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Training and Licensure

The fundamental difference between physicians and patients is knowledge. The physician has power over the patient by virtue of greater knowledge gained through training and experience. The physician must complete many years of professional training before being allowed to practice medicine. This training is available to only a small number of individuals in the population, and it consumes many societal resources. This contributes to the societal policy that physicians should not take advantage of patients by virtue of their superior knowledge. Even more important to this policy is the limitation of the right to practice medicine to persons with this professional training.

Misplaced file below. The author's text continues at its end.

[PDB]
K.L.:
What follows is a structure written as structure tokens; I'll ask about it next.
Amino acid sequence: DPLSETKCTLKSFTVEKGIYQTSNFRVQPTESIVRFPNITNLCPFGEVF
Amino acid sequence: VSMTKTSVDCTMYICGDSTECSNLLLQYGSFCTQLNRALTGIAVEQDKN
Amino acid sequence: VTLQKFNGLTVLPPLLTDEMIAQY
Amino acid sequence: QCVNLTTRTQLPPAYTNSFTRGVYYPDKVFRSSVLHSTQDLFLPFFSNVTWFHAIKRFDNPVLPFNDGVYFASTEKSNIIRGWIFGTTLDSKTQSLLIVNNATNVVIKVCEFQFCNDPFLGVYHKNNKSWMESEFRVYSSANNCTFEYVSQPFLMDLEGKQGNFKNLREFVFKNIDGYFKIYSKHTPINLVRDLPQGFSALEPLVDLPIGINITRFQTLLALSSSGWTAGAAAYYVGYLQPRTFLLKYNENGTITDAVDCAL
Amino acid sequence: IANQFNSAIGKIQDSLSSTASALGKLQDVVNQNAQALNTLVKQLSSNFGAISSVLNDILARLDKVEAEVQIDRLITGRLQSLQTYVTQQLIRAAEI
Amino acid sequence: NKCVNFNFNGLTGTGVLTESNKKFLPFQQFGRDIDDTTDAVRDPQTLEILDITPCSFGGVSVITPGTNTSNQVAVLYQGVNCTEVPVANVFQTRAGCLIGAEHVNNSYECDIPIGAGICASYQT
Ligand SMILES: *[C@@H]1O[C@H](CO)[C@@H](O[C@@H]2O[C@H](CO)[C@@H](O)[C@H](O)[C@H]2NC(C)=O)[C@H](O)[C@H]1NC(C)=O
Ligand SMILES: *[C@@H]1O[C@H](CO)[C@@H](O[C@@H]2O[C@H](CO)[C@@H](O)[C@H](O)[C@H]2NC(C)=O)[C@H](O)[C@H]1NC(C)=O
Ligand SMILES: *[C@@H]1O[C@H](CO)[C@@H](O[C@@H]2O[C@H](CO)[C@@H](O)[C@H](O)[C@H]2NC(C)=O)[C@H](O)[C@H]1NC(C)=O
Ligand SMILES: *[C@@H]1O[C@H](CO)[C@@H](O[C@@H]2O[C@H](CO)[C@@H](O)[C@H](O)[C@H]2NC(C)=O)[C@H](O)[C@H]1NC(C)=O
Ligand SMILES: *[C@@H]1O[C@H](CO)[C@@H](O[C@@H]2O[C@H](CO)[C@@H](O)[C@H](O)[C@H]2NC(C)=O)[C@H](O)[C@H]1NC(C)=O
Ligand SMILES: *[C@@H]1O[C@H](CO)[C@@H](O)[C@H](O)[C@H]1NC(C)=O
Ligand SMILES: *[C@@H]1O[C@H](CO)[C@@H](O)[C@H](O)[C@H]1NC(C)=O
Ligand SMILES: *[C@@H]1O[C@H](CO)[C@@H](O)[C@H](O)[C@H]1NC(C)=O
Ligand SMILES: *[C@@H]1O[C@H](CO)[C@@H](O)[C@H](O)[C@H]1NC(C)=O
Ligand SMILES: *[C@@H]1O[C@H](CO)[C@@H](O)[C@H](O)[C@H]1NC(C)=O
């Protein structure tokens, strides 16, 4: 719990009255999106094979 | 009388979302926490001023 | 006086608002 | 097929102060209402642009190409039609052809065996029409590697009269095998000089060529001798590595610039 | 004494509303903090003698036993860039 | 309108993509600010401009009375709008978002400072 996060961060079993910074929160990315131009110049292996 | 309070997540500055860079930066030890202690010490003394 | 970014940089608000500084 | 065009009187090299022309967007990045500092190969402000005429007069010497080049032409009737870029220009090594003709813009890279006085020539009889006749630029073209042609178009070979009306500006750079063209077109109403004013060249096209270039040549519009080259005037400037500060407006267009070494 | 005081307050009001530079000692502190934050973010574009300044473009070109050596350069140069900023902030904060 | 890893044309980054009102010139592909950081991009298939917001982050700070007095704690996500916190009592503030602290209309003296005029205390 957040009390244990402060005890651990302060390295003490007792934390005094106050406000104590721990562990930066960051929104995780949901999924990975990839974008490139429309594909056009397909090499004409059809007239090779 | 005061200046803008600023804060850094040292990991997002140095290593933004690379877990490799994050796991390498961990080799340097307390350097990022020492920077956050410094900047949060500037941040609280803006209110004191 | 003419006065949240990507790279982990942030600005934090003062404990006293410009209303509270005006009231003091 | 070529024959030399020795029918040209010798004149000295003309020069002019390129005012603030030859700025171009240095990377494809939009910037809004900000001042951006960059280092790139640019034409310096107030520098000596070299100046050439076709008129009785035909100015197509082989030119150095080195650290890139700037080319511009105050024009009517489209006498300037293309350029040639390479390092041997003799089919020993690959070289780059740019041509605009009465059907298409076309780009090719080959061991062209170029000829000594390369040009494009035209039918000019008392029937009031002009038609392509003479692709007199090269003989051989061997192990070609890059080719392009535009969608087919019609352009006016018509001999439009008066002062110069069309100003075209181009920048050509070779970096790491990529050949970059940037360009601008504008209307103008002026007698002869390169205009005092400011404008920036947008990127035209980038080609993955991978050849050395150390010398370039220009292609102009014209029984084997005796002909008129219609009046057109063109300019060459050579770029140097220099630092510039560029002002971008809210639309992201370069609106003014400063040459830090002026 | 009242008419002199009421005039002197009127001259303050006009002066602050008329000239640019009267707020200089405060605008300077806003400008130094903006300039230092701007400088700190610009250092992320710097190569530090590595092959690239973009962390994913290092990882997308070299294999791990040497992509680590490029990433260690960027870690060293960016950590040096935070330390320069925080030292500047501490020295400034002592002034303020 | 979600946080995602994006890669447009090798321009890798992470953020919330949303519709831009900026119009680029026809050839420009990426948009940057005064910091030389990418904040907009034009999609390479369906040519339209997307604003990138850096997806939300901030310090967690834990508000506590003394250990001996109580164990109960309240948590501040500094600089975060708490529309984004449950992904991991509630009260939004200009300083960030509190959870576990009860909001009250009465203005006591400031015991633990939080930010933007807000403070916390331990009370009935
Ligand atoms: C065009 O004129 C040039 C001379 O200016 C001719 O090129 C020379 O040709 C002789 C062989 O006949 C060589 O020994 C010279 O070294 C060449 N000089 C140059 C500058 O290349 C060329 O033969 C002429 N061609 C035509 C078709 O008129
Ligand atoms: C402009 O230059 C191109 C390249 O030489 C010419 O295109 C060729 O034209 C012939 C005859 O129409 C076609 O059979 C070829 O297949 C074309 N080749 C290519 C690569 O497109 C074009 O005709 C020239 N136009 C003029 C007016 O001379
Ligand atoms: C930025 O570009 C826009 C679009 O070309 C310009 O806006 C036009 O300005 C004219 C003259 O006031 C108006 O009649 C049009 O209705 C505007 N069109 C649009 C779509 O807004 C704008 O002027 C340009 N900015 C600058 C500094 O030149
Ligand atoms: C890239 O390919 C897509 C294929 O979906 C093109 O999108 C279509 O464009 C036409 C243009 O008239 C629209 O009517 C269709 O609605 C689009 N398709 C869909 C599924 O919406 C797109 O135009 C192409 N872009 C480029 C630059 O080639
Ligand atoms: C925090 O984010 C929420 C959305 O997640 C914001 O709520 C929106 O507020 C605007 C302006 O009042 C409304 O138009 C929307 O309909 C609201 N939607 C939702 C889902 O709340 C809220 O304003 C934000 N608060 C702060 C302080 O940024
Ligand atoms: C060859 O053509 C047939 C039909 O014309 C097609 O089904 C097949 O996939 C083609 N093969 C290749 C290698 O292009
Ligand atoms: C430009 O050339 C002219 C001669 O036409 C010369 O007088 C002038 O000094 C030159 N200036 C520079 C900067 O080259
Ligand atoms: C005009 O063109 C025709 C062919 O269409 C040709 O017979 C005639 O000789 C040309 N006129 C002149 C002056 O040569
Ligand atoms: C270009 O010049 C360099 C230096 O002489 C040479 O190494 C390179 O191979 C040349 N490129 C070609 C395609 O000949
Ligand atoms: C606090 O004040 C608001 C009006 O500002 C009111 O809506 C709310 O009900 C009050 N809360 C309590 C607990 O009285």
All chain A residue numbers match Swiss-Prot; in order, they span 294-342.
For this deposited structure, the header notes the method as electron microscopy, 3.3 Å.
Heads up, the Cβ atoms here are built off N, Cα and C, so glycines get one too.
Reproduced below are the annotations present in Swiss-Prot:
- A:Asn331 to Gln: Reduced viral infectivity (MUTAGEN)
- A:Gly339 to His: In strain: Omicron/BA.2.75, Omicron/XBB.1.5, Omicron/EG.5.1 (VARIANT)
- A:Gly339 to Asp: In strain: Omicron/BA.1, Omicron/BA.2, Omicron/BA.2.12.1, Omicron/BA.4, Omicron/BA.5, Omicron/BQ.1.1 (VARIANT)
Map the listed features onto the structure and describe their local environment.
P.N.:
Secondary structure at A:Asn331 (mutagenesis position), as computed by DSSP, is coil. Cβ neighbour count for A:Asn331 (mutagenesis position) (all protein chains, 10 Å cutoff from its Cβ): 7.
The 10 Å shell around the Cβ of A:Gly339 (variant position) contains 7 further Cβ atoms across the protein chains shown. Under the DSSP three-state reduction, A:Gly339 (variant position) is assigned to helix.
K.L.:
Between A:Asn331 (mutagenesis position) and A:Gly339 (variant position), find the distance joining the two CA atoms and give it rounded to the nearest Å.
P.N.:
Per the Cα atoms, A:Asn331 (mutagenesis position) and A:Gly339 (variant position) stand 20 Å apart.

The medical license carries with it five rights: the right to diagnose illness, the right to treat that illness by medical means, the right to prescribe drugs, the right to supervise nonphysicians in the provision of medical services, and the right to collect fees for medical services provided by oneself and others. Some of these rights are shared by other licensed health care practitioners (chiropractors may diagnose illness), but taken together they give the physician a unique monopoly position in health care delivery. In return for these rights, particularly the unique right to prescribe drugs, society expects physicians to exercise concern for the interests of patients. If licensing and knowledge were the only sources of power in the physician-patient relationship, there would be no need to extend this fiduciary duty to physicians in need of medical care. In fact, the duty owed to physicians in need of medical care is only slightly less than that owed to laypeople because the law recognizes other factors that affect the bargaining power of the patient.


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